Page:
A discovery by UT Southwestern Medical Center at Dallas scientists that genes near human telomeres can be silenced may help explain how and why humans age.

Gene that directs fate of many embryonic stem cells identified
Scientists have identified the gene that prompts embryonic stem cells to generate precursors to most internal organs.

Huntington's disease: Italian discovery may suggest a new approach for developing therapies
Like a good parent, the huntingtin protein helps to safeguard key nerve cells in the brain.

Polluted clouds might bring patchy cooling in a warming world
As the Earth's average temperature has risen in the last half-century with the buildup of greenhouse gases, many scientists have come to see clouds as the biggest puzzle in interpreting the planet's changing climate picture, since they reflect so much of the sun's heat into space.

Planetary hit-and-run among creative ideas nudged by NASA
An ASU-led team has received funding to develop a concept for a new

Muddy waters: letting the Gulf of Mexico breathe again
Protecting the Gulf of Mexico from polluted runoff could mean creating or restoring at least enough wetlands and forested area to equal all of West Virginia.

Hubble pictures show single stars in distant galaxy
Astronomers have for the first time taken infrared pictures of individual stars in a galaxy called NGC 3379, about 30 million light years from Earth.

Presbyterians vote in favor of fetal, embryonic, and stem cell research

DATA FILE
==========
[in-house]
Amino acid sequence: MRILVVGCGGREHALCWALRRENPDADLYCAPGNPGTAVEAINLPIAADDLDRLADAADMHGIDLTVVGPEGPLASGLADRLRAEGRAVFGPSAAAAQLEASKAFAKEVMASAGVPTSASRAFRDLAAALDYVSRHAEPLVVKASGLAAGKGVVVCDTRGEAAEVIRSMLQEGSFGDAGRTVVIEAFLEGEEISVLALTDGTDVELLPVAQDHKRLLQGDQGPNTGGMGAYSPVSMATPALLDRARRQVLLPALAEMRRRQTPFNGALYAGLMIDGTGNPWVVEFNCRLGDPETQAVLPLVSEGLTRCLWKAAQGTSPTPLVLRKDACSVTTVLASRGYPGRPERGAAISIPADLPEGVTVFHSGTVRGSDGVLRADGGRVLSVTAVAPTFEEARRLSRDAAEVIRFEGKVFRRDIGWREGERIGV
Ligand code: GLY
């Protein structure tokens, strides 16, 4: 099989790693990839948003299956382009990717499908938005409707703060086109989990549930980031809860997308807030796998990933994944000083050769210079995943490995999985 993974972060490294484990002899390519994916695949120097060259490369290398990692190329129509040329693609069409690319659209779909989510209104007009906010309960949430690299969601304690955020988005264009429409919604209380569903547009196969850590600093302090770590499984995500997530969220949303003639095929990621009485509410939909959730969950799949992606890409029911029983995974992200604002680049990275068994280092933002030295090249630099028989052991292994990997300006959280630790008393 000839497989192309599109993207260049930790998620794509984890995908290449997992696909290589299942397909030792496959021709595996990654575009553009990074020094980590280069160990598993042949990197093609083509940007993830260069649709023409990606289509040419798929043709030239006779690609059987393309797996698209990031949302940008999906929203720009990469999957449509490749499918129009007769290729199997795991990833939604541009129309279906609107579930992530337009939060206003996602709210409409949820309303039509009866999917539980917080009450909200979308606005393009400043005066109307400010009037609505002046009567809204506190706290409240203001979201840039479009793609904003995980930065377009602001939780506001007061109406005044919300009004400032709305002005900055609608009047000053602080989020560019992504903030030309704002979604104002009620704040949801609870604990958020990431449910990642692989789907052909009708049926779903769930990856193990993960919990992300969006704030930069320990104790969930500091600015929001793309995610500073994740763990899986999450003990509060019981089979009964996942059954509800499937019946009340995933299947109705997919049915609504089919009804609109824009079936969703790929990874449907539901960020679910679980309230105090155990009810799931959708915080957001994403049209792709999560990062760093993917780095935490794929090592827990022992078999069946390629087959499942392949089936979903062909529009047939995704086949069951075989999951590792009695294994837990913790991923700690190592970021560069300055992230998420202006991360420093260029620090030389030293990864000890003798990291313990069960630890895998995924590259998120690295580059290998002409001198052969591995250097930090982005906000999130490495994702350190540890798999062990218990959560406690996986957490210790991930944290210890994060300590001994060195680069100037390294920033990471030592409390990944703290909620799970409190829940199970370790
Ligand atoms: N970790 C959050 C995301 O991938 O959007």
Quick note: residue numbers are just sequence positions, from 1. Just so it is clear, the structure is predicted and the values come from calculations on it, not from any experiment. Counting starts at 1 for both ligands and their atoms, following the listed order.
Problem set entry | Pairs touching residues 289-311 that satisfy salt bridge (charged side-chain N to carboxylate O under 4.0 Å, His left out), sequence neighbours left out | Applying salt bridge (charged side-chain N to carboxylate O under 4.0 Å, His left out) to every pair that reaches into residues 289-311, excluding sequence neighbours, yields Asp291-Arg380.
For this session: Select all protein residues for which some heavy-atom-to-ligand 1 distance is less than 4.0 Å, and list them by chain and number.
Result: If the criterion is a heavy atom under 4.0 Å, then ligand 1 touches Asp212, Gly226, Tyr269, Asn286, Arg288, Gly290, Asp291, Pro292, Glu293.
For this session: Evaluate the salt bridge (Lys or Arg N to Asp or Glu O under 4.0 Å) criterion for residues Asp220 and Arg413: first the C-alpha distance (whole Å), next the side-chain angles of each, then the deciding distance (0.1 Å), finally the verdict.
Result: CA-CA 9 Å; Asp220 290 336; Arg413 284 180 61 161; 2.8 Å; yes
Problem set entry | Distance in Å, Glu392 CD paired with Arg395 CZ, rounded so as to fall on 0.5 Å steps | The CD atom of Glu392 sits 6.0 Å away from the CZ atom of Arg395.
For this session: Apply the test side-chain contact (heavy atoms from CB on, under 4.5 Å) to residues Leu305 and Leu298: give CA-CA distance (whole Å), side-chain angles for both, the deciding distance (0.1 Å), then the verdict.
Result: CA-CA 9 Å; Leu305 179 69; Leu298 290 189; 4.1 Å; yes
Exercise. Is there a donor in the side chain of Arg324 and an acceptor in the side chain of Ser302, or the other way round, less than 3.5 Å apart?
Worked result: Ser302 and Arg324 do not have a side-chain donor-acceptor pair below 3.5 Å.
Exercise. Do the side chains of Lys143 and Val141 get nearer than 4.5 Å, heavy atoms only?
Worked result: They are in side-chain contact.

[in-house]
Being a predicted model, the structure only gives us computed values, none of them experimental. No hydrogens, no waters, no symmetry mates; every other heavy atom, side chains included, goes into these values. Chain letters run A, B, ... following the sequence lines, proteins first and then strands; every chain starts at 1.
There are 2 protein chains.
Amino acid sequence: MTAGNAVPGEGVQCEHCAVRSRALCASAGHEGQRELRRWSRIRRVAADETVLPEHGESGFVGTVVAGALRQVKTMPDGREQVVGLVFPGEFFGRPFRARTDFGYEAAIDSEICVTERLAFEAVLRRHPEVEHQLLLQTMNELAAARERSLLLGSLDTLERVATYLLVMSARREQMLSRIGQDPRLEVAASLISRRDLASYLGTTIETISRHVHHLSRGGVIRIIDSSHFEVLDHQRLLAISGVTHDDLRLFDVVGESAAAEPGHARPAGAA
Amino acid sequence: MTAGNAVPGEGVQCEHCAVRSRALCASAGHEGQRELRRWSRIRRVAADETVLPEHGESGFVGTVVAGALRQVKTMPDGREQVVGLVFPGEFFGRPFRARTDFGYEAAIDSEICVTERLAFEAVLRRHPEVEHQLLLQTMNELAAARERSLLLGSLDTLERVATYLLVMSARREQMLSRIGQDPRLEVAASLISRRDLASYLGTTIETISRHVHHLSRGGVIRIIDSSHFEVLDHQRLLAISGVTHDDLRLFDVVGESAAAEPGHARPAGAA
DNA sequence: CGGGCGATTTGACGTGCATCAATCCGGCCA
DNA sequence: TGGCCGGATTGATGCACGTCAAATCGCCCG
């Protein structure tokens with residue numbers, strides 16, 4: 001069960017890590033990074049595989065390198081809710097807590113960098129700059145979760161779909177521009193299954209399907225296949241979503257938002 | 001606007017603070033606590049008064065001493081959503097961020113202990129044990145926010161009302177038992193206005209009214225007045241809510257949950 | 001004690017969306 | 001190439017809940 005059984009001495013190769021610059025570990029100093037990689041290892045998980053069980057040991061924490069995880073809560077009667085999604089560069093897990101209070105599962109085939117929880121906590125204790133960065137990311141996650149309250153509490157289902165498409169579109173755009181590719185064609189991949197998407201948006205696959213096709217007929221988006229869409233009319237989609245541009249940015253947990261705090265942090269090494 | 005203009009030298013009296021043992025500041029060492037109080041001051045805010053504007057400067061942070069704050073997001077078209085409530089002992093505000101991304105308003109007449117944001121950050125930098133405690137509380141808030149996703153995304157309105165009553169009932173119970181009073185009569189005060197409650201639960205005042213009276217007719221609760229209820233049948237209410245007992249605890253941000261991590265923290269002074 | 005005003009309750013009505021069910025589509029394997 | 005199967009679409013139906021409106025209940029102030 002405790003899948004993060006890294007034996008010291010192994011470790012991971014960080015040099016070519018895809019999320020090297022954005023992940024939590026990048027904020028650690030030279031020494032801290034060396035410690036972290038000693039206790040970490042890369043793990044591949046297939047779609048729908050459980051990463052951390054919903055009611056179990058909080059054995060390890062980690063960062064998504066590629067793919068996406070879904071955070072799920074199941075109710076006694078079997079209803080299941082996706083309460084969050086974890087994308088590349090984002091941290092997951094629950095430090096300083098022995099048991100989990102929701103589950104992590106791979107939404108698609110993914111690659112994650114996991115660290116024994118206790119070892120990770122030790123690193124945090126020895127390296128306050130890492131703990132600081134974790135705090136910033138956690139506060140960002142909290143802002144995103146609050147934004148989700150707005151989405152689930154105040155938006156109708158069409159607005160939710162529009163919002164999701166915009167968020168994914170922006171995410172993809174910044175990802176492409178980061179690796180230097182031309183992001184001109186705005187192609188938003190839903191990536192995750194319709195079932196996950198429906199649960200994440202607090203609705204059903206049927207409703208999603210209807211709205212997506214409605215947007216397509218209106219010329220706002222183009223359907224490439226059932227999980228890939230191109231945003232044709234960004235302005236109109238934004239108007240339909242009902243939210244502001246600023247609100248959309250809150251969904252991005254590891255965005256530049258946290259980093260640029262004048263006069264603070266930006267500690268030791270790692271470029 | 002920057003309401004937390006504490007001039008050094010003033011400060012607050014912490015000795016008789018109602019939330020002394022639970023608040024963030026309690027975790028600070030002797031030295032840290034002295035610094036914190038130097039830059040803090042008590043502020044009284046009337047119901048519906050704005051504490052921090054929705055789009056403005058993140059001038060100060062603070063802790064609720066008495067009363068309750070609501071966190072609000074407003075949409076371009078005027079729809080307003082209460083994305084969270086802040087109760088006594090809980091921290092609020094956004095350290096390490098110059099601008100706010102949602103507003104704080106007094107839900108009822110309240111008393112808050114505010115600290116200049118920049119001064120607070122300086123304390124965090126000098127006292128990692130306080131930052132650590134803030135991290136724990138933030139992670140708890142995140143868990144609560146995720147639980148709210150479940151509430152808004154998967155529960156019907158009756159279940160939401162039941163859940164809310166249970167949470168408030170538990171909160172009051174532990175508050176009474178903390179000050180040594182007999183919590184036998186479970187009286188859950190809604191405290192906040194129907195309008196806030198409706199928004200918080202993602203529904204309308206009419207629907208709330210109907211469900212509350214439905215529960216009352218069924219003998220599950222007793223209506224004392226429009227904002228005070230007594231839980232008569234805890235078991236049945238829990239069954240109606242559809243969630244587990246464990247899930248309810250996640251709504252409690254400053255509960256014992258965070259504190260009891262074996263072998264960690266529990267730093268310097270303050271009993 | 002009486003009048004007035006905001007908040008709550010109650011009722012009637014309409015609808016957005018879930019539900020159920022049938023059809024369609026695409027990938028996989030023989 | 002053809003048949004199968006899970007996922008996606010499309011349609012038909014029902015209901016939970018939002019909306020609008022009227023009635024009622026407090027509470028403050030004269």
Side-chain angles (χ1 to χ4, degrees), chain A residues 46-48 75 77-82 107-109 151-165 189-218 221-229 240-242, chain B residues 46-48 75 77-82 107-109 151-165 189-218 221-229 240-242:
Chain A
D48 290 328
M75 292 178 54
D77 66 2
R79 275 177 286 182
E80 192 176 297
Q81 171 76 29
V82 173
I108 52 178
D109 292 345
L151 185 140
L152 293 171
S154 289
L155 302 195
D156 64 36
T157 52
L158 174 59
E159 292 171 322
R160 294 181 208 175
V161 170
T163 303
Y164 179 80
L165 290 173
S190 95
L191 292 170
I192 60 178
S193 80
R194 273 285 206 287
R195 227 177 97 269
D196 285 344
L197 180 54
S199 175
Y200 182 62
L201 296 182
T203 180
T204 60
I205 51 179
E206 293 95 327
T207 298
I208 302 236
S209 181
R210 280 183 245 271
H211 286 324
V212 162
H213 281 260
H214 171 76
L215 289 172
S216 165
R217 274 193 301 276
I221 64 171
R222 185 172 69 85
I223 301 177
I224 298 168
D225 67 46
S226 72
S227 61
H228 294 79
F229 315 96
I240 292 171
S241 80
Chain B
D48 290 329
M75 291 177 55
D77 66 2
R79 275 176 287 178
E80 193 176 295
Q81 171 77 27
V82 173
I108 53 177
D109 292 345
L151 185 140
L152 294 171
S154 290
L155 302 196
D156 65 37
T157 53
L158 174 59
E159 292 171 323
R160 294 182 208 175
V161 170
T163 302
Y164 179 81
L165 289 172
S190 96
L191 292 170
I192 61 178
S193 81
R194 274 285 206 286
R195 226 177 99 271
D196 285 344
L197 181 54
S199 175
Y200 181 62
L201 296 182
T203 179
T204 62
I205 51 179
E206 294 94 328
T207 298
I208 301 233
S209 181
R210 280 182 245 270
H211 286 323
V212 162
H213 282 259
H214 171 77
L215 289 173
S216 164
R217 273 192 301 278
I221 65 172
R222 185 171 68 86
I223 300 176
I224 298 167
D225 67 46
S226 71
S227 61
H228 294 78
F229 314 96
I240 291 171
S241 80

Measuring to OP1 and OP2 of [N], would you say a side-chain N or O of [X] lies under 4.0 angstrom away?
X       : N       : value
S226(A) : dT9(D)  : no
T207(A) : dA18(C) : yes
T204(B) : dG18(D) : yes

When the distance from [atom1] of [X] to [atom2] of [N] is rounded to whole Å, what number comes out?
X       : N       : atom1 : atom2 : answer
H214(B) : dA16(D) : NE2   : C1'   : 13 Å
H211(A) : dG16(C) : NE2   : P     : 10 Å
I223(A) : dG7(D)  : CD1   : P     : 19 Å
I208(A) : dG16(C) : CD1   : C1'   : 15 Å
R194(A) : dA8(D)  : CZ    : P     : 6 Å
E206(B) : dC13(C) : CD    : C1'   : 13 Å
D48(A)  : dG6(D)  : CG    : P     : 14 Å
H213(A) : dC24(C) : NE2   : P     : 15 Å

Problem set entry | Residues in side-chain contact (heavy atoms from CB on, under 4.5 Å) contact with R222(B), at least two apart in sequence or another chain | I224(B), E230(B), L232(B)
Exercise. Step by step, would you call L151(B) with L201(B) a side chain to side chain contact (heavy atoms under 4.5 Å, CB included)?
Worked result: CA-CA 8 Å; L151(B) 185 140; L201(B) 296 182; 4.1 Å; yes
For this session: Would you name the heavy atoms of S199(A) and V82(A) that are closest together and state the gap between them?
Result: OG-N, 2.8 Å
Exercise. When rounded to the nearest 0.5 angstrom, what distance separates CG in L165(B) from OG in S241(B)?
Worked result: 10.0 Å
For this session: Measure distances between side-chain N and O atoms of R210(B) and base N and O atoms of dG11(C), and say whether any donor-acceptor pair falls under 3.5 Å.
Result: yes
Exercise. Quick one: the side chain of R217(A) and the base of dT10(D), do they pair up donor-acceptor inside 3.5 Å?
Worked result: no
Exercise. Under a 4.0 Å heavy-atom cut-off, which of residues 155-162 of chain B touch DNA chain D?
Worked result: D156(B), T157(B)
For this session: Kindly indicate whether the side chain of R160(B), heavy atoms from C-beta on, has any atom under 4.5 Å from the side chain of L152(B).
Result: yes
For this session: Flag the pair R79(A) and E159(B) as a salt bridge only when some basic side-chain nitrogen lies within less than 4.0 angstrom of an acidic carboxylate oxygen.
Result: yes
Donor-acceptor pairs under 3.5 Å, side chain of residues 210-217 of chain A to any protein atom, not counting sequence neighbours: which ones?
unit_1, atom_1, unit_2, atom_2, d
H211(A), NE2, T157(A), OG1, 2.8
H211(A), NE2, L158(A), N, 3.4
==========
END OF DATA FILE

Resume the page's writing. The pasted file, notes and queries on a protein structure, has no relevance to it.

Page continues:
The General Assembly of the Presbyterian Church overwhelmingly affirms the use of fetal tissue and embryonic tissue for vital research, including the use of human stem cell tissue for research that may result in the restoring of health to those suffering from serious illness.

Kids demand fewer new toys when they cut down on TV
Watching less television may curb children's appetites for new toys, suggest the results of a preliminary study.

Satellite images studied for clues to solving urban sprawl
Satellites use remote sensors so responsive they allow scientists to see Antarctic ice moving.

UNC, Penn State scientists find gene that controls water retention in plants
Scientists at the University of North Carolina at Chapel Hill, working with colleagues at Pennsylvania State University, have identified a gene responsible for controlling water retention and cell division in plants.

High blood pressure and cholesterol levels increase risk of Alzheimer's
A combination of raised blood pressure and high cholesterol levels in midlife, greatly increases the risk of Alzheimer's disease in later life, finds a study in this week's BMJ.

Study finds changes in hormone levels in men who become fathers
June 2001 The following stories detail news from Mayo Clinic. is a participant in the Amazon Services LLC Associates Program, an affiliate advertising program designed to provide a means for sites to earn advertising fees by advertising and linking to